Japan from the inside out

Yasukuni: A change is gonna come

Posted by ampontan on Saturday, February 24, 2007

Criticisms of the Yasukuni Shrine in Tokyo, and by extension, visits to the shrine by Japanese prime ministers, focus on two topics: first, the enshrinement of the spirits of those referred to as Class A war criminals, and second, the affiliated Yushukan museum’s self-serving and counterfeit justifications for the Pacific War, including the claim that President Roosevelt goaded Japan into conflict to bring the US out of the Depression.

Now, Hisahiko Okazaki, the former Japanese ambassador to Saudi Arabia and Thailand, has taken up the task of modifying the museum exhibits, as he describes in this article in the Japan Times (registration required). Give the man credit—this is as thankless a task as you could imagine. He has to satisfy those people at home who think Japan’s biggest mistake was not picking on someone its own size, and try not to offend those people in East Asia who’ll use any excuse to bash Japan.

Here’s Okazaki describing his work:

My primary objective in modifying the exhibits is to protect the intellectual integrity of Yasukuni Shrine.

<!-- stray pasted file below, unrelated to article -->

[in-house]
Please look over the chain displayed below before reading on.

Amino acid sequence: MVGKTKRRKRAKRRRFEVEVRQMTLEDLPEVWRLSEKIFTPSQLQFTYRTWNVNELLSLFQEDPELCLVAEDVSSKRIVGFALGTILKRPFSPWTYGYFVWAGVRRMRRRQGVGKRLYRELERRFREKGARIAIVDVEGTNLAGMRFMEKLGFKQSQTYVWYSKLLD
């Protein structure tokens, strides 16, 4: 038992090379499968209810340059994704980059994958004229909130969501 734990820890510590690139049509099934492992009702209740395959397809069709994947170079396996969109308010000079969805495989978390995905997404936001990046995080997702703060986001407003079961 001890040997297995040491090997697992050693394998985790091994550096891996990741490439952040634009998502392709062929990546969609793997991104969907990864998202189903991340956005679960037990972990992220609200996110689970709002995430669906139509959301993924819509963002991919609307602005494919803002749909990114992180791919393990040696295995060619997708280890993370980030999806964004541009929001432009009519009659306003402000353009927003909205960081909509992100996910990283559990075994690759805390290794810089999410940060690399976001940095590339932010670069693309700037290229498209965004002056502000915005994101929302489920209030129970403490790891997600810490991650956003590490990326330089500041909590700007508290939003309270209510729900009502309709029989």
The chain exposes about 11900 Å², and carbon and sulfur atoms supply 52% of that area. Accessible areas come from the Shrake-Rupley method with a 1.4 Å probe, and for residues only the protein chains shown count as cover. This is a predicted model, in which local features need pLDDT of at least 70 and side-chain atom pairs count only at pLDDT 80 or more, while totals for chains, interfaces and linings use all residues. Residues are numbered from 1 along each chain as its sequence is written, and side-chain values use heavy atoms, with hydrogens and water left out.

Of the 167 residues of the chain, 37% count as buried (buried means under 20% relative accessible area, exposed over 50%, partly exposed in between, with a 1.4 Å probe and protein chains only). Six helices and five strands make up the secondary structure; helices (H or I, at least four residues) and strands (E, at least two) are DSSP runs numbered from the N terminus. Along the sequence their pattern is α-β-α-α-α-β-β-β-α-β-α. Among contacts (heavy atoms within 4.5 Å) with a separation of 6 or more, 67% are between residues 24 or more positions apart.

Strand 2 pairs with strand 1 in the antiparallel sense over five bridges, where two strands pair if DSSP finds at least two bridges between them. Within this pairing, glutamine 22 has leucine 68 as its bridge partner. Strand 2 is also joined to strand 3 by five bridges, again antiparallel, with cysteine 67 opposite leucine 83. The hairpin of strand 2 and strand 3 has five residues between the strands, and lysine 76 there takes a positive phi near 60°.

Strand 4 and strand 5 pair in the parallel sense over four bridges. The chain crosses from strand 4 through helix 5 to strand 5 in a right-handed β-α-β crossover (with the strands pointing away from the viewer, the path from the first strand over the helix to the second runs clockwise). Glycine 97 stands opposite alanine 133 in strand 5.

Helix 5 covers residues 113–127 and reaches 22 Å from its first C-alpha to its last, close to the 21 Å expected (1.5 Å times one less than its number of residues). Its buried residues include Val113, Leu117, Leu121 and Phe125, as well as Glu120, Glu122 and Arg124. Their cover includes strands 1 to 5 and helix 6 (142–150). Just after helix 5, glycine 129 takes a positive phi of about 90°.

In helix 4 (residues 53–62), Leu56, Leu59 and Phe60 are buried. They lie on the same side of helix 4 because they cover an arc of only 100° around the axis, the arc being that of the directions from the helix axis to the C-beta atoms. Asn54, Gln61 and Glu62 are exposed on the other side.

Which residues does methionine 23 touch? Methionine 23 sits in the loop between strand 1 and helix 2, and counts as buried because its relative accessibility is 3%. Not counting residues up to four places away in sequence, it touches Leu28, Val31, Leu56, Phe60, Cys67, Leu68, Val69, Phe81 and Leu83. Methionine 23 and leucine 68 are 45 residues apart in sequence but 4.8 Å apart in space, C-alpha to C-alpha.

The principal yardstick for alterations is to remove inappropriate expressions that may be viewed as intellectually dishonest or far-fetched. Given the ever-changing international situation, I did not think it would be proper to take into consideration the opinions of certain other countries.

This does not mean, however, that people in “certain other countries” would approve of the changes.

For example, Okazaki has removed the charge that FDR started the war as a way out of the Depression. In its place, he has added an excerpt from the diary of former US Secretary of War Henry Stimson regarding the Hull Note, which demanded that Japan withdraw completely from China. Okazaki says: